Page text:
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“L’kheddama” (“The maid.”) That is how many Moroccan families refer to the domestic worker in their employ, whom they call by her first name. As for her last name, maybe the housewife remembers it, from the day she hired her and made a photocopy of her ID (you never know, in case she steals something ...) Or maybe she doesn’t. Why would she remember the maid’s surname, after all? Nobody ever uses it.

A young Moroccan girl performs during a play organised by the not-for-profit association Insaf in the western town of Chichaoua on June 12, 2014, during the World Day Against Child Labor. Child domestic workers – known locally as “petites bonnes” – told Human Rights Watch that their employers frequently beat and verbally abused them, wouldn’t let them go to school, and sometimes refused them adequate food. © 2014 Getty Images

The abuse against domestic workers in Morocco starts with profound discrimination: almost invisible to society. Until recently, they also didn’t exist in the eyes of the law. Excluded from the Moroccan Labor Code, these women, who are most often from the countryside and have little or no education, had no legal rights in terms of minimum wages, working hours, or even days off. Their employers could overwork or underpay them, and suffer no legal consequences.

But things will change now. On July 26, the Moroccan parliament passed a law that regulates domestic work in Morocco. The new law, which will enter into force one year after its publication, requires proper labor contracts for domestic workers, limits their daily working hours, guarantees days off and paid vacations, and sets a minimum wage. The law also provides financial penalties for employers who violate these provisions, and even prison sentences for repeat offenders.

As part of its research on child domestic workers – under age 18 — in Morocco in 2005 and 2012, Human Rights Watch gathered damning evidence. Some "petites bonnes” (“little maids”), as they are called in Morocco, stated that their employers frequently beat and insulted them, prevented them from going to school, and sometimes refused them adequate food. Some worked for 12 hours a day, 7 days a week, for no more than US$11 per month.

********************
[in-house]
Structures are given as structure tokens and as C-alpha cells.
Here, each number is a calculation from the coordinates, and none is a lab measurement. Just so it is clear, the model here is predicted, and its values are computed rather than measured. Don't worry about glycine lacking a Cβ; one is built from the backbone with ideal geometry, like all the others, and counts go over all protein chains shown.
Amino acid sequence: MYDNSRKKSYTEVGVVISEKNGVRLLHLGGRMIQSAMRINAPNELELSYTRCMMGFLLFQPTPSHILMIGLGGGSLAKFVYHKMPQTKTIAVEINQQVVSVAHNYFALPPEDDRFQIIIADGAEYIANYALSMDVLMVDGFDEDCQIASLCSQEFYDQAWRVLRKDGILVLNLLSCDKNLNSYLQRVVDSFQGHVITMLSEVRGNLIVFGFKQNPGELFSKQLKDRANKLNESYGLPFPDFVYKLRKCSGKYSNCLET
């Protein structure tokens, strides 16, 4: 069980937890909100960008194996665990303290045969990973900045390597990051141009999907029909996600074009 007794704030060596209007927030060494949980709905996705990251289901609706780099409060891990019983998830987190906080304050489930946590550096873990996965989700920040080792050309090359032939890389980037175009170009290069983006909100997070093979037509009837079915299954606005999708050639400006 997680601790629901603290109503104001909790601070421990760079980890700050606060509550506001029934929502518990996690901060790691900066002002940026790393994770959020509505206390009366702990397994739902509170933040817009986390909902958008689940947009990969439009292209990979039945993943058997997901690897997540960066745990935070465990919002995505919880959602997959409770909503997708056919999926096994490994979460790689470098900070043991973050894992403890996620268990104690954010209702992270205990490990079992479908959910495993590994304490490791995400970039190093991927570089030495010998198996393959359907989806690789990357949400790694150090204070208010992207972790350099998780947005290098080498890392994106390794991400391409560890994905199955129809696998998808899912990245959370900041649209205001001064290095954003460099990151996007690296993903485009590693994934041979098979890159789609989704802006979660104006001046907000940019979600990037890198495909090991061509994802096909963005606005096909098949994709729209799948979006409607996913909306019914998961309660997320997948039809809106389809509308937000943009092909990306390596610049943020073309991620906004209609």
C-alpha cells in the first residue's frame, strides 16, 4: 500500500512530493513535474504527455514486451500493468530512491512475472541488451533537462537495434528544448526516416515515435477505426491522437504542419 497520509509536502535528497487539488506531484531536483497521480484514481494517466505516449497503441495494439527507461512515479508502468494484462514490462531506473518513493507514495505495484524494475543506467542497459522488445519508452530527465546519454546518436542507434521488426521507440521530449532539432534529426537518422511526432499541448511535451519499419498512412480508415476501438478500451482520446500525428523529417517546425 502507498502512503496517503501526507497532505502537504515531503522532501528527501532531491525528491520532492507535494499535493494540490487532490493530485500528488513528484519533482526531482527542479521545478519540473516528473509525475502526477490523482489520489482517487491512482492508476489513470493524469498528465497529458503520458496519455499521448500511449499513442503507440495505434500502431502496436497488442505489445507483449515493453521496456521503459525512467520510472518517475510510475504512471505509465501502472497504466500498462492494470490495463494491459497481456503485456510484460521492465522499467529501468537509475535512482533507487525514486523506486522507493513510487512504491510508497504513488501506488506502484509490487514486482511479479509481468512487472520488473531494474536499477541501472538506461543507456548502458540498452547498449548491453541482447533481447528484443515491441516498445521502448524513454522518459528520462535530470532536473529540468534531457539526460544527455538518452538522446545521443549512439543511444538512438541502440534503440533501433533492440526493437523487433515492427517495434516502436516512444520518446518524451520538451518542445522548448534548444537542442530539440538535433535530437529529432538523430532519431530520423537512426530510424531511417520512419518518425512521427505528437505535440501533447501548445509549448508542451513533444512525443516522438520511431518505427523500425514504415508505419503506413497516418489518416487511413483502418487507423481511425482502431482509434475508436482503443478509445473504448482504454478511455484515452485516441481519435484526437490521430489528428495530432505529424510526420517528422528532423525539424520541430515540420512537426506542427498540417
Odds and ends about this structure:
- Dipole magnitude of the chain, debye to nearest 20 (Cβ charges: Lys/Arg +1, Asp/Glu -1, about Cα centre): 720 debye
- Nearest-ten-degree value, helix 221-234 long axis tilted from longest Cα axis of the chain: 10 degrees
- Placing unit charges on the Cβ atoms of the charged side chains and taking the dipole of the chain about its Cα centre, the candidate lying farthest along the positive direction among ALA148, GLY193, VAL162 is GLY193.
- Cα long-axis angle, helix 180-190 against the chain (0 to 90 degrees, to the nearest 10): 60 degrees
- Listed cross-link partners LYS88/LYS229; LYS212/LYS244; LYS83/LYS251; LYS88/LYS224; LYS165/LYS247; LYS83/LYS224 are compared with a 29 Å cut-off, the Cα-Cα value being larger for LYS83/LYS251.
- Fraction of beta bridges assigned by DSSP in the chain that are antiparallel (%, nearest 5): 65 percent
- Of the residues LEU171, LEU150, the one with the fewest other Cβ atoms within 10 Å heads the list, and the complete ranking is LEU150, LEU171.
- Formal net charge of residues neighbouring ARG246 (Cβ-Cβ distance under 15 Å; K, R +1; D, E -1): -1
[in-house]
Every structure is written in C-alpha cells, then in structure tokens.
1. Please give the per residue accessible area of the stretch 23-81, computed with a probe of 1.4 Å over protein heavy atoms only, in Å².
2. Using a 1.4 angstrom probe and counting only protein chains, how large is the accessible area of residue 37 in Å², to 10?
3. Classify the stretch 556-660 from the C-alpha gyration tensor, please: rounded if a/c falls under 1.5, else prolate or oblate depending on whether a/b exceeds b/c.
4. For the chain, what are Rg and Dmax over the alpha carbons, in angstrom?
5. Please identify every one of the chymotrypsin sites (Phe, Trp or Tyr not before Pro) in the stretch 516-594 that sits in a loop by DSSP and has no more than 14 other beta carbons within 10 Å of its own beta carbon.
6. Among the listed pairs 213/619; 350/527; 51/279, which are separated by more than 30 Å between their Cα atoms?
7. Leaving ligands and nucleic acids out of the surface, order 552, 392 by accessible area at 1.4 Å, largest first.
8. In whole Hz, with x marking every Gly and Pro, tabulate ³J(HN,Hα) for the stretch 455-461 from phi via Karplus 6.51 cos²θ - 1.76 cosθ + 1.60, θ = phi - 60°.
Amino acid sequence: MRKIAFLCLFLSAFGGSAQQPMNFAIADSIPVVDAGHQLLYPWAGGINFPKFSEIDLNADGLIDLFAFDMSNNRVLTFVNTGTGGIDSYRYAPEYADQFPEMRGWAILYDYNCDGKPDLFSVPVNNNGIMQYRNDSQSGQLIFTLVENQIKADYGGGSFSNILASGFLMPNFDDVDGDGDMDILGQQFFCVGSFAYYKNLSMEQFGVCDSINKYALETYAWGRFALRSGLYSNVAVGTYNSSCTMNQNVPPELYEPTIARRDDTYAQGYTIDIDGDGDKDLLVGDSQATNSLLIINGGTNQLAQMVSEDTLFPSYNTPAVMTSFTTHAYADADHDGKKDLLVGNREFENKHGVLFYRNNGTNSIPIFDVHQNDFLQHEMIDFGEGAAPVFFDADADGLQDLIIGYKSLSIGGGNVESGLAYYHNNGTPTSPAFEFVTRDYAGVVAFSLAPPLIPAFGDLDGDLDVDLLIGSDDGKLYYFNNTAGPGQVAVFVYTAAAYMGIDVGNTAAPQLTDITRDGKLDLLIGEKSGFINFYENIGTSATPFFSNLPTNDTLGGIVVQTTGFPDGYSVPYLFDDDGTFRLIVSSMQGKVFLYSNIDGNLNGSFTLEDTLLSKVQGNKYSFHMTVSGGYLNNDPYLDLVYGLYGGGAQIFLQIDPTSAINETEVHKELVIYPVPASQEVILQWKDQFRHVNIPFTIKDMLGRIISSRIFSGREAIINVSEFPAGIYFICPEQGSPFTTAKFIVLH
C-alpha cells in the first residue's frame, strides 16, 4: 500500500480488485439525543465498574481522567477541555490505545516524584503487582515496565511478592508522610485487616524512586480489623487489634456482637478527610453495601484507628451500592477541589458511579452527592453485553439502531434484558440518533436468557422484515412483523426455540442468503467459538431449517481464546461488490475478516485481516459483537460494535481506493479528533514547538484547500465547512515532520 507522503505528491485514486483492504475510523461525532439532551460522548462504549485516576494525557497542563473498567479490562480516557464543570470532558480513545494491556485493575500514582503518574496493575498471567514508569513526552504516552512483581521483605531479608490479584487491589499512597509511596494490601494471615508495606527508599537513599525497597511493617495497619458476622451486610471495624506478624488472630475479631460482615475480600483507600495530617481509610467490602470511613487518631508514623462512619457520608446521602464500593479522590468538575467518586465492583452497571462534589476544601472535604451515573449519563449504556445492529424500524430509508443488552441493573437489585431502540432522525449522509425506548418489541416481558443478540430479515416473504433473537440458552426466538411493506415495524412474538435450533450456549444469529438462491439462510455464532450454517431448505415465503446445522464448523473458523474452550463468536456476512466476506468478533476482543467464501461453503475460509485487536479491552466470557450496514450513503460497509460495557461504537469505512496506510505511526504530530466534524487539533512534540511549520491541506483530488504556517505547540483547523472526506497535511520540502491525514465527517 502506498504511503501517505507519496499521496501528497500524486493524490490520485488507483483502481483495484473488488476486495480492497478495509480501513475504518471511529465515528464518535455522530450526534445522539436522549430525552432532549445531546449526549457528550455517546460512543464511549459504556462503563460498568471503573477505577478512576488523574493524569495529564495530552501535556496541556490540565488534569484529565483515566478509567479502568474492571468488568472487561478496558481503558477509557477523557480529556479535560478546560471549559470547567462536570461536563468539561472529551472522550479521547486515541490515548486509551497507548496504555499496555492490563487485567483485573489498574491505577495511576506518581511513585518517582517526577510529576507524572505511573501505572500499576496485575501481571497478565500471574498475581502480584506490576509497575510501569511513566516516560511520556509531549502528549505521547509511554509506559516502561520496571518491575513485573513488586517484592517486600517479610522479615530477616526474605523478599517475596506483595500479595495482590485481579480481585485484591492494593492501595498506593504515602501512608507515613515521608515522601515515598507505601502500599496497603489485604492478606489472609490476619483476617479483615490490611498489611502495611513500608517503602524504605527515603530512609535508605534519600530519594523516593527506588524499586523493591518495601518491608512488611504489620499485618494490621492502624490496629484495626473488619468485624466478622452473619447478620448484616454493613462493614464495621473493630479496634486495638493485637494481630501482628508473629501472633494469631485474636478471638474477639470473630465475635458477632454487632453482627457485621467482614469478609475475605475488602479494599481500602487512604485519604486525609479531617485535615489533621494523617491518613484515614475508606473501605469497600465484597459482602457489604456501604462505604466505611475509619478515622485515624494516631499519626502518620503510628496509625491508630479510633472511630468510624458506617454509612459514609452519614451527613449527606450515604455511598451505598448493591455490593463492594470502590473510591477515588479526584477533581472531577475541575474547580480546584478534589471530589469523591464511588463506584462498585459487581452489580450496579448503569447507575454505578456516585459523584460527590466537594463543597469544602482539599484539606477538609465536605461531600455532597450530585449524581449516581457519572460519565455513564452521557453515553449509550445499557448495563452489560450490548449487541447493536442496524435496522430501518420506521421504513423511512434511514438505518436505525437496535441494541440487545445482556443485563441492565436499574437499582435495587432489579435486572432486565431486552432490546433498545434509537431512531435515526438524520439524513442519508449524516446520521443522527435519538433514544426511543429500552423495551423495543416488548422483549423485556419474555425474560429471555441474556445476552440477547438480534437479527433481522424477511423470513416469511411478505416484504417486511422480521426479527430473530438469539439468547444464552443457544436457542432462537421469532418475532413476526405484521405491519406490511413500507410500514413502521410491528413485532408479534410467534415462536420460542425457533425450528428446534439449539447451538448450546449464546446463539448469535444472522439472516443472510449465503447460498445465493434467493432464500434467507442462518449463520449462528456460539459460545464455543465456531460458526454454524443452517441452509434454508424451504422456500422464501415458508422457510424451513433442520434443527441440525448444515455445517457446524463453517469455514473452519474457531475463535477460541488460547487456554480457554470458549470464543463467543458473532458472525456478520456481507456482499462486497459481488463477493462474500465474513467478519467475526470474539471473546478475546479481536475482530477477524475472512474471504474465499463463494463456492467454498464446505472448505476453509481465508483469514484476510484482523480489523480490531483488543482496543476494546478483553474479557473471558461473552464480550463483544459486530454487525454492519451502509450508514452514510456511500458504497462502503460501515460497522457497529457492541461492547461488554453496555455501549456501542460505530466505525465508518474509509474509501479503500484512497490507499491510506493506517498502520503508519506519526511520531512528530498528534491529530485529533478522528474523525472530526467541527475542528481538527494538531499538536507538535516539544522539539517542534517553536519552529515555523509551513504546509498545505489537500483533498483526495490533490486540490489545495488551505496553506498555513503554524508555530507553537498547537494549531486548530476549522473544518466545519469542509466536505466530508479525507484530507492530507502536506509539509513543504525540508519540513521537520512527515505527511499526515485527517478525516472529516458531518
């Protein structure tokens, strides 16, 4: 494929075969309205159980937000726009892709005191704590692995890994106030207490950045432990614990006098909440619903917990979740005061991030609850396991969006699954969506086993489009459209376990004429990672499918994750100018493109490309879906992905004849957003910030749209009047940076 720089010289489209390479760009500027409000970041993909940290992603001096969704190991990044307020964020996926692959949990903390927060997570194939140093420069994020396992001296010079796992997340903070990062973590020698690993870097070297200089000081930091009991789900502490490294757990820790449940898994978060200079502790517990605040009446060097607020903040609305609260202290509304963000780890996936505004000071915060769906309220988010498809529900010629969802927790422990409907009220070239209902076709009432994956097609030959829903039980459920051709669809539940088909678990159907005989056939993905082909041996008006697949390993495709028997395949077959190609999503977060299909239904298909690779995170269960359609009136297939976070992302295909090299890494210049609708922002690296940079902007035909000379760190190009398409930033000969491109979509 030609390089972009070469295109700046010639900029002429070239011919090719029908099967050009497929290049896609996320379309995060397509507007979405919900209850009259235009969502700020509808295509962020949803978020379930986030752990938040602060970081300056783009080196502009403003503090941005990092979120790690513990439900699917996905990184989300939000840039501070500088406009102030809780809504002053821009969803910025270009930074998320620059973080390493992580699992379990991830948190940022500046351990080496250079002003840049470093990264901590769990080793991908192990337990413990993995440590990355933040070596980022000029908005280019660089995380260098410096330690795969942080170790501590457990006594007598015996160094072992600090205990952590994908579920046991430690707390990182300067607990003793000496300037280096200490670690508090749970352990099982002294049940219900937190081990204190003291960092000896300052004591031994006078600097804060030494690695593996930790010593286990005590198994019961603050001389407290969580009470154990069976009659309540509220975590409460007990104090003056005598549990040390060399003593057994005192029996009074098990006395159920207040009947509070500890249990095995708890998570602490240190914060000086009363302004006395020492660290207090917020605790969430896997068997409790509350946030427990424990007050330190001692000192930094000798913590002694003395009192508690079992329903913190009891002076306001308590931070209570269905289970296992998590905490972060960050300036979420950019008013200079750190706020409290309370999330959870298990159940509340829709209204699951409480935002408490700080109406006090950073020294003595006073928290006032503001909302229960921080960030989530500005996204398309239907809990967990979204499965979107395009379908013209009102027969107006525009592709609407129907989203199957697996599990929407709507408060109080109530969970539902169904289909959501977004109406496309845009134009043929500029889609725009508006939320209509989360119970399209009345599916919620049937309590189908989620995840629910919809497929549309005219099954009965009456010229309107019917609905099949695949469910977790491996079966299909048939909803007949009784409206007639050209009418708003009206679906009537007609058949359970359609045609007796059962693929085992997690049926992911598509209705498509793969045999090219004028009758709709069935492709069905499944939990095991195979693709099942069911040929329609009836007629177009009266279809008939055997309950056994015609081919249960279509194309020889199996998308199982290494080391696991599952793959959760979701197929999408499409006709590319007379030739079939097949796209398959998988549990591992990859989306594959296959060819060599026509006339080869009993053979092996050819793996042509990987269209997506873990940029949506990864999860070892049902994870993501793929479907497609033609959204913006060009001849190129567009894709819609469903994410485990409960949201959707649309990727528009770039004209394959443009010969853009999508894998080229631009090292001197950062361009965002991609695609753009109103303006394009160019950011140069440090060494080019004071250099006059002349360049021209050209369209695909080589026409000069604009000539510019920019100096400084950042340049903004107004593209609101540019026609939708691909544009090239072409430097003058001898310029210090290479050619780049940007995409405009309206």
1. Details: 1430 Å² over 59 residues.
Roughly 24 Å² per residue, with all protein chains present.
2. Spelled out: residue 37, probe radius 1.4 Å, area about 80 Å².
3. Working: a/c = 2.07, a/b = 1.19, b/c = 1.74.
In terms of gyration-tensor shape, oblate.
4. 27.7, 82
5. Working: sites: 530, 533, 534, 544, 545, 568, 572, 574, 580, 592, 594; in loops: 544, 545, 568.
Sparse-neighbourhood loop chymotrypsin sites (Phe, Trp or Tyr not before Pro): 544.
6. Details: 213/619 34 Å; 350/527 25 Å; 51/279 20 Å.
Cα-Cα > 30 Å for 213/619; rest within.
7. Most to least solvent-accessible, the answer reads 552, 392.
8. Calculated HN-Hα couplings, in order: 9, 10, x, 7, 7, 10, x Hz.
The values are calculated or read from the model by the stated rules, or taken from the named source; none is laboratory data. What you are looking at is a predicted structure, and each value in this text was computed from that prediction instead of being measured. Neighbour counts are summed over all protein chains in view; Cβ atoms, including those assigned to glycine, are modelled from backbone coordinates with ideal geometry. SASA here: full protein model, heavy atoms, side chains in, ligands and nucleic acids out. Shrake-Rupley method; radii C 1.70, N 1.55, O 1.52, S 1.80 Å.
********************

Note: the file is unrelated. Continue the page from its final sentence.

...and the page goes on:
The new law sets 18 as the minimum age for domestic workers, with a phase-in period of five years during which 16 and 17-year old girls will be allowed to work. This last provision was strongly criticized by Insaf, a collective of Moroccan nongovernmental organizations that opposes child labor.

That is not the only debatable provision of the new law. Adult domestic workers must work 48 hours per week, while the Moroccan labor code provides for a maximum of 44 hours for other sectors. Another source of inequality is the minimum wage. The wage guaranteed for domestic workers is only 60 percent of the minimum guaranteed by the labor code. Some say that since many domestic workers live with their employers, the food and shelter they get is for a partial in-kind payment. But that is not enough to justify a 40 percent difference. The International Labour Organization (ILO) allows for in-kind payments, but specifies that such payments should be limited, to allow for a salary that guarantees a decent standard of living for the workers and their families. It is also worth noting that living at their workplace is rarely a choice for domestic workers, as such an arrangement mainly serves the employers’ interests.

Despite the limitations of the new law, however, it will provide legal protection for the first time to some of the country’s most vulnerable workers. This is a real success, for which we should congratulate the government and also—perhaps especially—Moroccan nongovernmental organizations that campaigned for this ground-breaking reform for many years.

Now that the law exists, the next challenge will be making sure it is carried out. For that purpose, the next government (elections are scheduled this fall) will have to establish enforcement mechanisms, in particular labor inspectors who will visit homes where domestic workers are employed. The government will also have to open a broad public awareness campaign, preferably on national television and in Moroccan Arabic – the language most likely to be understood by everyone concerned–so that employees will know their rights and employers they duties.

Enforcing this law will create a social shock wave in Morocco. After decades of quasi-forced servitude, hundreds of thousands of "kheddamat" will finally raise their heads and be recognized for what they are: citizens with rights.

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